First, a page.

#1 Not all students are adequately equipped with digital devices, and also not with reliably available Internet access. Especially in the compulsory school area, but also in secondary schools, a considerable percentage of the pupils could not be reached during the lockdown phases.
#2 Availability of online access leaves much to be desired in many places. Now that the willingness and acceptance of online teaching have increased, it is imperative that they be available at schools and in afternoon care facilities.
So it's time for school to do its homework. This includes a comprehensive WiFi infrastructure. WLAN is THE obvious option to provide all students with cost-neutral online access by using the school's fiber optic connection. Every student should have easy access to the school portal, the communication platform with their teachers and the tasks provided at no additional cost.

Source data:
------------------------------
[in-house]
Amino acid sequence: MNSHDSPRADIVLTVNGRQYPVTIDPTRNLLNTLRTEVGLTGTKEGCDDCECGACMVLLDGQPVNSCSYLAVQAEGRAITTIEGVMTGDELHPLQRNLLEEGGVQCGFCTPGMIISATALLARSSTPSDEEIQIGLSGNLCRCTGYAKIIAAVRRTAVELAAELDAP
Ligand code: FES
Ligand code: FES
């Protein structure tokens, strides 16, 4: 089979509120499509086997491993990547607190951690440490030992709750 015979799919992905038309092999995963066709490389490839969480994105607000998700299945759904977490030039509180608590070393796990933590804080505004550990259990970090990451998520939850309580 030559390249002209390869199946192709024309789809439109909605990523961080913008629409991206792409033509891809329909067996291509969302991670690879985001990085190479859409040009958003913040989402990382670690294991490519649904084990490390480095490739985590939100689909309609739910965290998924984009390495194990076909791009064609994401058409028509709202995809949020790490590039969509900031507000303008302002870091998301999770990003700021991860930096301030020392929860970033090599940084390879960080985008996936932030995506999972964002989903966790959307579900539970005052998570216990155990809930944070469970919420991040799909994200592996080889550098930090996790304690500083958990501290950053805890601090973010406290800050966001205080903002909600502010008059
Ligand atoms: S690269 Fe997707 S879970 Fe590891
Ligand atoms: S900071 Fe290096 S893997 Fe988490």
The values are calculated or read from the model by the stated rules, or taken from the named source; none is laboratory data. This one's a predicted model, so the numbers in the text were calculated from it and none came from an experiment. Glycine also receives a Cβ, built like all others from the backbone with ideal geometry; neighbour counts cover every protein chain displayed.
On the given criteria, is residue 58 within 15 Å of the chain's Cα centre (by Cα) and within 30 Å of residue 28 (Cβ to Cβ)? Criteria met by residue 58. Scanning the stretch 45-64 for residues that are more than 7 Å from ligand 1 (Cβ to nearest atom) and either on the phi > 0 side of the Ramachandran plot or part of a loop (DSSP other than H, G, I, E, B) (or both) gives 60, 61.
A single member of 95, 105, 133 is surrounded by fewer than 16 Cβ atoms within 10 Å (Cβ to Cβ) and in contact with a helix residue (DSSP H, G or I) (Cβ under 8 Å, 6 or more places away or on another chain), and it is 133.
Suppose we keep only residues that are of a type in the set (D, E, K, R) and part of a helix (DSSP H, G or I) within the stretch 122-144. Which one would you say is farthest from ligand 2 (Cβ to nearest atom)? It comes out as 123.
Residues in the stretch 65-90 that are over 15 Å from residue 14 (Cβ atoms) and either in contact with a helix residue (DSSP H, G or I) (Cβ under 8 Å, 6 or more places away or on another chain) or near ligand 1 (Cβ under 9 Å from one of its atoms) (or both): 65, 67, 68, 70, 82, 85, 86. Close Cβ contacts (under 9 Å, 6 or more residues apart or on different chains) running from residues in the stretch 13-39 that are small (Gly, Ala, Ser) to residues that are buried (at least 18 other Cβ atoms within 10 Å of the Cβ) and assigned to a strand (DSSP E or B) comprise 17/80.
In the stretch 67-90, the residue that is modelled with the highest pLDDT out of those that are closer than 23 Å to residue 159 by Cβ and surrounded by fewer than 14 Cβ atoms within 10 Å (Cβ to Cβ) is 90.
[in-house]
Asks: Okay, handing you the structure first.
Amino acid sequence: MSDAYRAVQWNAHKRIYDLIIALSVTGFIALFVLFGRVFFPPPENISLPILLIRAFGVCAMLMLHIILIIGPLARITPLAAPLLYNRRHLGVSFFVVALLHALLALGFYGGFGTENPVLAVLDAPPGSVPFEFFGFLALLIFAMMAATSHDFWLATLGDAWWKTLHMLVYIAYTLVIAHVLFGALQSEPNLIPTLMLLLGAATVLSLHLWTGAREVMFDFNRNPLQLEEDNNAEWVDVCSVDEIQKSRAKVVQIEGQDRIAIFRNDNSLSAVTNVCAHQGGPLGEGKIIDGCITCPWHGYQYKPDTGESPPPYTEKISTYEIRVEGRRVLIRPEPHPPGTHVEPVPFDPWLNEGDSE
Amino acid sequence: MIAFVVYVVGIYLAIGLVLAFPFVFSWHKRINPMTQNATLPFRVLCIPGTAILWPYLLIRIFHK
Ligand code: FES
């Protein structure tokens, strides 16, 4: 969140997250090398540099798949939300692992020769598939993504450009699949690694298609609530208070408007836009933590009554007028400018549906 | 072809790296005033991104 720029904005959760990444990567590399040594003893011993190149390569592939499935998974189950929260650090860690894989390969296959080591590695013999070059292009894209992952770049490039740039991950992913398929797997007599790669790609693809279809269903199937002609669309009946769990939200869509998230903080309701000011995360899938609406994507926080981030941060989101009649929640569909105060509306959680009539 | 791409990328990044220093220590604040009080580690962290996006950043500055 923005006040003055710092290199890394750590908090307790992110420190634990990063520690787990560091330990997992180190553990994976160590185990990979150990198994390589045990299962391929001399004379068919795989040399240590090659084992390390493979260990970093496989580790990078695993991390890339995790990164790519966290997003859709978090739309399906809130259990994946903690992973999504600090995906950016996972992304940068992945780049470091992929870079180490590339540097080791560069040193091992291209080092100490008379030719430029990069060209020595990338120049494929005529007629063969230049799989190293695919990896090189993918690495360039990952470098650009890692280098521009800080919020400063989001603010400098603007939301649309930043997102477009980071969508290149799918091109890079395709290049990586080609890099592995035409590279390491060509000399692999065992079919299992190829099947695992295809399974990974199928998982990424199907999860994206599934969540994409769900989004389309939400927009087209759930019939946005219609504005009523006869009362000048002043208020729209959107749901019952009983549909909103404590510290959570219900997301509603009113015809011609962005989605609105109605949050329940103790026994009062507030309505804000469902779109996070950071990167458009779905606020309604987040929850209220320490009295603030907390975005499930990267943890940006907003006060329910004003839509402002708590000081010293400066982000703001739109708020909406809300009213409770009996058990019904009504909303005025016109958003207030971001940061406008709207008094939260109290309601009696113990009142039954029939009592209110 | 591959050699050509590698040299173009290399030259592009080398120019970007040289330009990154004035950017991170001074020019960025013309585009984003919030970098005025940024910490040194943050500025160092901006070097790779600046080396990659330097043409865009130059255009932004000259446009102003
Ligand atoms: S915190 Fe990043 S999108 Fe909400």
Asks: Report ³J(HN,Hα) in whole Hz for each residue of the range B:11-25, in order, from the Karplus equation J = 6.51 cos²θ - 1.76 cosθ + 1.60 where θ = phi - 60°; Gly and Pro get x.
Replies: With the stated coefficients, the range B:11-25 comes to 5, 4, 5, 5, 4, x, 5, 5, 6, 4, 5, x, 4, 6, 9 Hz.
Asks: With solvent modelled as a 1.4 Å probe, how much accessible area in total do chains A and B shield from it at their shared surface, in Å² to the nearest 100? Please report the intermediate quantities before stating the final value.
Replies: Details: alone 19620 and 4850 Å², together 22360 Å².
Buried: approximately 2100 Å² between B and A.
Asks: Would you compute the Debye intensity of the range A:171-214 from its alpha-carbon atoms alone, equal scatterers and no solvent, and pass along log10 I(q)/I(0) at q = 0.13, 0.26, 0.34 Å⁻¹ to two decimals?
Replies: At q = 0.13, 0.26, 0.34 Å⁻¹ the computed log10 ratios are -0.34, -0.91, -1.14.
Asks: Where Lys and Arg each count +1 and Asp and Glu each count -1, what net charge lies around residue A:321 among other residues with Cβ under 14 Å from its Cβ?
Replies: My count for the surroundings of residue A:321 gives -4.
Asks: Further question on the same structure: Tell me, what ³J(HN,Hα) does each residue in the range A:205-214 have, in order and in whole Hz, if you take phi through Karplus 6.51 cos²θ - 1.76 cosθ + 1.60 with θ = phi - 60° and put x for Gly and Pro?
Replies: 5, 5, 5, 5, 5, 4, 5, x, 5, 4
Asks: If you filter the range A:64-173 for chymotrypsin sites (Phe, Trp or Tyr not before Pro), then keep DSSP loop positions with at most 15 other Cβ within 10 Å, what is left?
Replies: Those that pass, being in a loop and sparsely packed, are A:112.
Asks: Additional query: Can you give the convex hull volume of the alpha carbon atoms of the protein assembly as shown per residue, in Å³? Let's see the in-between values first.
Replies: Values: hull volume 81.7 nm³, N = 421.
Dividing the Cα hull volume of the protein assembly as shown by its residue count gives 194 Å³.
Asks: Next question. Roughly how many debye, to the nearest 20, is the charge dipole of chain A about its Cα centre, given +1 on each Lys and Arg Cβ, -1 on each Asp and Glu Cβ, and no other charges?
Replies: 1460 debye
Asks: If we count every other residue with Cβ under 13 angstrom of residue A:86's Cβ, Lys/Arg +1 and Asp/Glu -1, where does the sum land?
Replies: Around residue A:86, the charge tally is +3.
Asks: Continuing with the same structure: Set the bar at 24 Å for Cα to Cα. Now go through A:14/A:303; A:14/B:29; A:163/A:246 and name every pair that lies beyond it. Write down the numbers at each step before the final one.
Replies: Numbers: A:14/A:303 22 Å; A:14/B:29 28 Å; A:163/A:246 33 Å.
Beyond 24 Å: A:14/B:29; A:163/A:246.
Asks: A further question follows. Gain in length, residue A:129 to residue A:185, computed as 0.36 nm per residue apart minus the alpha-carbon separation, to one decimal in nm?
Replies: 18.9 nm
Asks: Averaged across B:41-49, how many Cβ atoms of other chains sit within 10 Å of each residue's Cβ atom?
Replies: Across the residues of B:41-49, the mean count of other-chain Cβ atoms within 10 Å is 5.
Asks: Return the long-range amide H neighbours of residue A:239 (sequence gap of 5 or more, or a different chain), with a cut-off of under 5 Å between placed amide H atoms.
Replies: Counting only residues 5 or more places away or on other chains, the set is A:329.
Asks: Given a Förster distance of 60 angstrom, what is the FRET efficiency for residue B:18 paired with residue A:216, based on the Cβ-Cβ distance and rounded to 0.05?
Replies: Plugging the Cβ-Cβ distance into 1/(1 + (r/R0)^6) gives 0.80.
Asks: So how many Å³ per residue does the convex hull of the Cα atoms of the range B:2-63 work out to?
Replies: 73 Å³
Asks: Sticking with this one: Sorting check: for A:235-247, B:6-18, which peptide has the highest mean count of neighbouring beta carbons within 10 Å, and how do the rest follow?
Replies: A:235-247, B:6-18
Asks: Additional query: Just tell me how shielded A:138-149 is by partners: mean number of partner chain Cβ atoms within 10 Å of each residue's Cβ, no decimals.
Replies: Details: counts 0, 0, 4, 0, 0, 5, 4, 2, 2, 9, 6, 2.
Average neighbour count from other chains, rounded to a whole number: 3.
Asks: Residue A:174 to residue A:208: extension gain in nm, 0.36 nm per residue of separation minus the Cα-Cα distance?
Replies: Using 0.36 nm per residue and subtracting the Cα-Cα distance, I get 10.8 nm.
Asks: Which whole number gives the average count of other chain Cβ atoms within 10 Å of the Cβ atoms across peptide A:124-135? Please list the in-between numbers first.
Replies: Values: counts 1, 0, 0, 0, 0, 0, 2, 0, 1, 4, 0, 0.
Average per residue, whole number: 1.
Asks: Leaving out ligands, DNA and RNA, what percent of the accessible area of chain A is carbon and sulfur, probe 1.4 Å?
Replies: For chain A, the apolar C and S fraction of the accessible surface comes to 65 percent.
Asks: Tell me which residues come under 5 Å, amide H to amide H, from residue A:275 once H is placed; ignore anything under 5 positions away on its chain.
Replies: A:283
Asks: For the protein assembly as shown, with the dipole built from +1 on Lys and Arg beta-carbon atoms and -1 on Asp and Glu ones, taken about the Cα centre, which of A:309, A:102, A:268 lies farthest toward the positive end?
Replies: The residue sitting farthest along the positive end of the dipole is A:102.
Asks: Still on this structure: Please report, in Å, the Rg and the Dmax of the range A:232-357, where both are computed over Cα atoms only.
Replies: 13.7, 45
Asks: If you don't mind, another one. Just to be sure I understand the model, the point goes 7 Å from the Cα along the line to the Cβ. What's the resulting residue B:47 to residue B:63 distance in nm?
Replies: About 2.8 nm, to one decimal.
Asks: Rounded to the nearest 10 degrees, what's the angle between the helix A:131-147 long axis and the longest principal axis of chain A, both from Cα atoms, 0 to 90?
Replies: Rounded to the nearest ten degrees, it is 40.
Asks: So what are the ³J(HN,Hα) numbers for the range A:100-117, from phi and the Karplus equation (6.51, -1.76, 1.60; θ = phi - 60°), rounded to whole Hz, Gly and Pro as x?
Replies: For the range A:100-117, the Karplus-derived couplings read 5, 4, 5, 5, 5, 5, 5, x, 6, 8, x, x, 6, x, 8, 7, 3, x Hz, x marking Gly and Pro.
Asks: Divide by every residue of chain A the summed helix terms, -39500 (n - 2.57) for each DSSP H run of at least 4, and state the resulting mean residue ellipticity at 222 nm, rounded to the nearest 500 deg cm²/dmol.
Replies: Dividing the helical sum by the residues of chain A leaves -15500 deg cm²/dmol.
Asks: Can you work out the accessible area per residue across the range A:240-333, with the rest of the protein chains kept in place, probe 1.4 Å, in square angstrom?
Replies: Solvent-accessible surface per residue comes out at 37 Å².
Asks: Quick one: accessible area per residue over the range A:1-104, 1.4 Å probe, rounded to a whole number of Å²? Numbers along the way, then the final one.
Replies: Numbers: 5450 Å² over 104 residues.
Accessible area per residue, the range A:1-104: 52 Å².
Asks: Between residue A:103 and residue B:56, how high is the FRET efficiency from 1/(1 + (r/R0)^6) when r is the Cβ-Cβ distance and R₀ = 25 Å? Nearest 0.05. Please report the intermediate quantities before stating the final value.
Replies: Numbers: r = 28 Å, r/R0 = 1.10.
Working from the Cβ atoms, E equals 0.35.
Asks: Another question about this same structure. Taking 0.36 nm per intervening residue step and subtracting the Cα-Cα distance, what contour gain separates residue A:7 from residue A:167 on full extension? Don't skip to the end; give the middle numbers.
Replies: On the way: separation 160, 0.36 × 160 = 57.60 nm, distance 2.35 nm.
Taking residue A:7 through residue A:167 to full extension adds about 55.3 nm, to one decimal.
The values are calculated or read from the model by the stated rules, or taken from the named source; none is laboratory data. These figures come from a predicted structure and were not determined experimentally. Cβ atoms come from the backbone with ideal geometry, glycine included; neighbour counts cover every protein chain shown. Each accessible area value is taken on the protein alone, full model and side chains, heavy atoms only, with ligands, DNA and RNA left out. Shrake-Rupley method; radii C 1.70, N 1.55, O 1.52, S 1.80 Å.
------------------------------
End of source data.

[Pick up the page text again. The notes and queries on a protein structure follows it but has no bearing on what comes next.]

However, it is essential to pay attention to safety. Neither do you want to make free data volume available to fence guests in the school's WiFi range, nor do you want to offer points of attack for improper use. The logs of the activities of the students should be kept safe, but also be controllable if necessary, and of course the legally required protection of personal data must be observed. And distractions such as gaming or streaming platforms should also be largely ruled out.
There is no question that money has to be taken in hand. The EU agencies and national authorities react accordingly with funding programs.
Let's discuss a few examples.